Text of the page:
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Single Top Production Nailed By LHC Experiments

The ATLAS and CMS collaborations released yesterday a joint document where they discuss the combination...

CMS Discovers New Excited Bc Hadron

I am very happy to report today that the CMS experiment just confirmed to be an excellent spectrometer...

Registrations open for Data Science school in Braga, Mar 25-27

A school and symposium in Data Science in (Astro)-Particle Physics and Cosmology will be held on...

Data Science Lectures In Braga

On March 25 to 27 will be held the school titled "Data Science in (astro)particle physics and cosmology"...

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Tommaso DorigoRSS Feed of this column.

Tommaso Dorigo is an experimental particle physicist, who works for the INFN at the University of Padova, and collaborates with the CMS experiment at the CERN LHC. He coordinates the European network... Read More »

Supersymmetry (SUSY) is a possible extension of the Standard Model (SM), the currently accepted theory of subnuclear physics. SUSY has the potential to "explain away" some of the  problematic features of the SM, by introducing a new symmetry between fermions (the stuff that matter is made of) and bosons (the vectors of the forces that hold matter together). Introduced in the seventies, SUSY was tested with increasingly stringent tests in higher- and higher-energy collisions at particle accelerators, but all searches for its particles have returned empty-handed. In particular, many physicists thought that the turn-on of the Large Hadron Collider (LHC) eight years ago would result in heaps of new discoveries of SUSY particles, which unfortunately weren't.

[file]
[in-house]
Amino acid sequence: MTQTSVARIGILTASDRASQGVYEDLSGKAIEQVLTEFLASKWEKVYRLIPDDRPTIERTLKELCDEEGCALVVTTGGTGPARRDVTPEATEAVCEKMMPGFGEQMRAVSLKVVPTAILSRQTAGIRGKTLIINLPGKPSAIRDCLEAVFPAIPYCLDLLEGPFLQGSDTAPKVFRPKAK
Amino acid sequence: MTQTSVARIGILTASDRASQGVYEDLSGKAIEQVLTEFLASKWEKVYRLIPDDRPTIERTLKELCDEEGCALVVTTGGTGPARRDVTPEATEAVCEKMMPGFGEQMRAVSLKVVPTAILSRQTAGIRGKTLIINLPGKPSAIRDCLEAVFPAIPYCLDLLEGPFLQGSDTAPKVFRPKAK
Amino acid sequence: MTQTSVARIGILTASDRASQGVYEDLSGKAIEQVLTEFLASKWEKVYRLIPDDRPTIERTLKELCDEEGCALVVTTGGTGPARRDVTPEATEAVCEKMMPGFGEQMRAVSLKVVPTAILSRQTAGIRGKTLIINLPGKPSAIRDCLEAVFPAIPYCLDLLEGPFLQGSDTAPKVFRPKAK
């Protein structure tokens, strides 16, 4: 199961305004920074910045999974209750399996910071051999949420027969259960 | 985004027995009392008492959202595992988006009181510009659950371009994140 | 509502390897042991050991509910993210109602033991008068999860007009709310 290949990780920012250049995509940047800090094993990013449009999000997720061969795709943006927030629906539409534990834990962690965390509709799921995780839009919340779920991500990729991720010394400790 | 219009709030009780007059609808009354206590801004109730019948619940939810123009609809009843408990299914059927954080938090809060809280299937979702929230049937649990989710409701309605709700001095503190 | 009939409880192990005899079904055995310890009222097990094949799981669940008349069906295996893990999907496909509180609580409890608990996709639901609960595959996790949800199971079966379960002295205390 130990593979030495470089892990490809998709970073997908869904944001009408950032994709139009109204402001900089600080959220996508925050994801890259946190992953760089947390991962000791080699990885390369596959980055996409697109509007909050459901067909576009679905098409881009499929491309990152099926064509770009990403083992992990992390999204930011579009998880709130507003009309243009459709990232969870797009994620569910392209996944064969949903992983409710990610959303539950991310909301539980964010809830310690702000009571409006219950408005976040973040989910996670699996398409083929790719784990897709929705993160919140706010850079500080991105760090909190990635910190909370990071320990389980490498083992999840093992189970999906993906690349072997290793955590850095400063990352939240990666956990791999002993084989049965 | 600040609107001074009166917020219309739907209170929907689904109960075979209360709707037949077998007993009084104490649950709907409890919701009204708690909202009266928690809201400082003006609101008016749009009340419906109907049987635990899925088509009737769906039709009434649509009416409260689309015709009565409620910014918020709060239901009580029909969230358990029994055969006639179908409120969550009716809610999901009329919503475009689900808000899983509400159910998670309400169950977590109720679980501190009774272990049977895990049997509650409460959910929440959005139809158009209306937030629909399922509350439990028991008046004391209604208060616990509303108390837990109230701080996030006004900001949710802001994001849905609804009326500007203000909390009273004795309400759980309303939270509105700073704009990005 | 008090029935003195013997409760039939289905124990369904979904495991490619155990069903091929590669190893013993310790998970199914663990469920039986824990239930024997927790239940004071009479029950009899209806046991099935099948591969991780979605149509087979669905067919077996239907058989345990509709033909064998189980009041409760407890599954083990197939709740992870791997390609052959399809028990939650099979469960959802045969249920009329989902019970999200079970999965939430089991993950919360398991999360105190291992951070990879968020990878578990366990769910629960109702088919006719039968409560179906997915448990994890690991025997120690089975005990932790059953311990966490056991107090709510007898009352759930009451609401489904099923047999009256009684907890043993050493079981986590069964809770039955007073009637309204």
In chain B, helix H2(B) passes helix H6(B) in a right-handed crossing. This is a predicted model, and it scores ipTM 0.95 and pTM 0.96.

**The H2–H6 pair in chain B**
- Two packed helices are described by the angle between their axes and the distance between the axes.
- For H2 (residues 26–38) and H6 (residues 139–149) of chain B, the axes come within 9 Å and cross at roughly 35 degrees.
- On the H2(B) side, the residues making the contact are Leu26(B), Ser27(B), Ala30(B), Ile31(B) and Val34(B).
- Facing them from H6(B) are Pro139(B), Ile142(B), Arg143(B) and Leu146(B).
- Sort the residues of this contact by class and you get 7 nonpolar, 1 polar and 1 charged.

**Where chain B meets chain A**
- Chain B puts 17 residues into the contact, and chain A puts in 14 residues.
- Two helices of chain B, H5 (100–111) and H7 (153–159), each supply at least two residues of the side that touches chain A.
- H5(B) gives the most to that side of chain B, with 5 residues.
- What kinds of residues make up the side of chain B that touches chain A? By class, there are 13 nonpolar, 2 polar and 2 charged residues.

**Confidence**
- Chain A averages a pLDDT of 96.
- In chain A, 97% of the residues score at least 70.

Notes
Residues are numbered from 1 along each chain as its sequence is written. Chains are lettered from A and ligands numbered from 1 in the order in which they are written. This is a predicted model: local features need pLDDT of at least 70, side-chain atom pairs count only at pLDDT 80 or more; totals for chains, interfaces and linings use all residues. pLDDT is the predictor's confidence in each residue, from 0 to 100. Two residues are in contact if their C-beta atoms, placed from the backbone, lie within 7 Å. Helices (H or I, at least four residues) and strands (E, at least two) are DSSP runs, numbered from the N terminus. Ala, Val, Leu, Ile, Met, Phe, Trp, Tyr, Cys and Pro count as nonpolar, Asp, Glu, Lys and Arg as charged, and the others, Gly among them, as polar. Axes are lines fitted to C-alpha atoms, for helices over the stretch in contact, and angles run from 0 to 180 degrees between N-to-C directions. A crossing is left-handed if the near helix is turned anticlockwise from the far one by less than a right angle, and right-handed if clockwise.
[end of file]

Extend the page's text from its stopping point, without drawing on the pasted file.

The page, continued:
I don't remember who said it, but there's a quote I like a lot: "If you torture them long enough, the data will confess to anything". What the author meant is of course that the manipulation of experimental data and the a posteriori use of hand-picked methods, approximations, and other ad-hoc choices allows you to demonstrate anything with them, from one hypothesis to the opposite one. Statistics, in other words, is a subtle science, which must be handled with care. It is a powerful tool in the hands of people with an agenda. 


Dec 13 2018 | comment(s)

It's been a while since I last discussed something personal in this column. The reason is not that I changed my mind with respect to being open and freely share my ideas, experiences, and personal life things here - I have long argued that if a blog is not personal, it is not interesting, and I stand by that assessment. 
Rather, the reason of my not talking much about myself and my personal / work life is the good old one: lack of time. If I have time to write an article, I try to do it on a subject which I suppose will be more interesting to the readers of this site. Hence physics, rather than life and work, takes the precedence. But it needs not be so all the time, so today I will try to go in the other direction.
My CMS colleague Didar Dobur, who chairs the "Top Properties" working group in the experiment, presented today the first observation of the process whereby a top quark is produced in association to a Z boson. I could follow the presentation by videoconference, so I am blogging about this result in close to real time, for a change.
What machine will replace the Large Hadron Collider to further our knowledge of fundamental physics at the high-energy frontier, in the forthcoming decades? 

The question is not at all a far-fetched one: these large machines require two decades to be built - and can then typically be operated for two further decades, amassing collision data that slowly but steadily improve the precision of our estimates of the parameters of nature.
As I mentioned in yesterday's post, there is a workshop going on this week at Fermilab, where 110 attendees - mostly particle physicists, but some computer scientists are also present - discuss how to push for more effective use of machine learning tools in the extraction of information on particle collisions. 

Also one goal is to understand what new ideas from the world of machine learning could find ideal applications in the typical use cases of research in fundamental physics. Here I wish to mention a few interesting things that I heard at the workshop so far, in random order. I will rarely make direct reference to the talks, to encourage you to dig into the pdf files available here.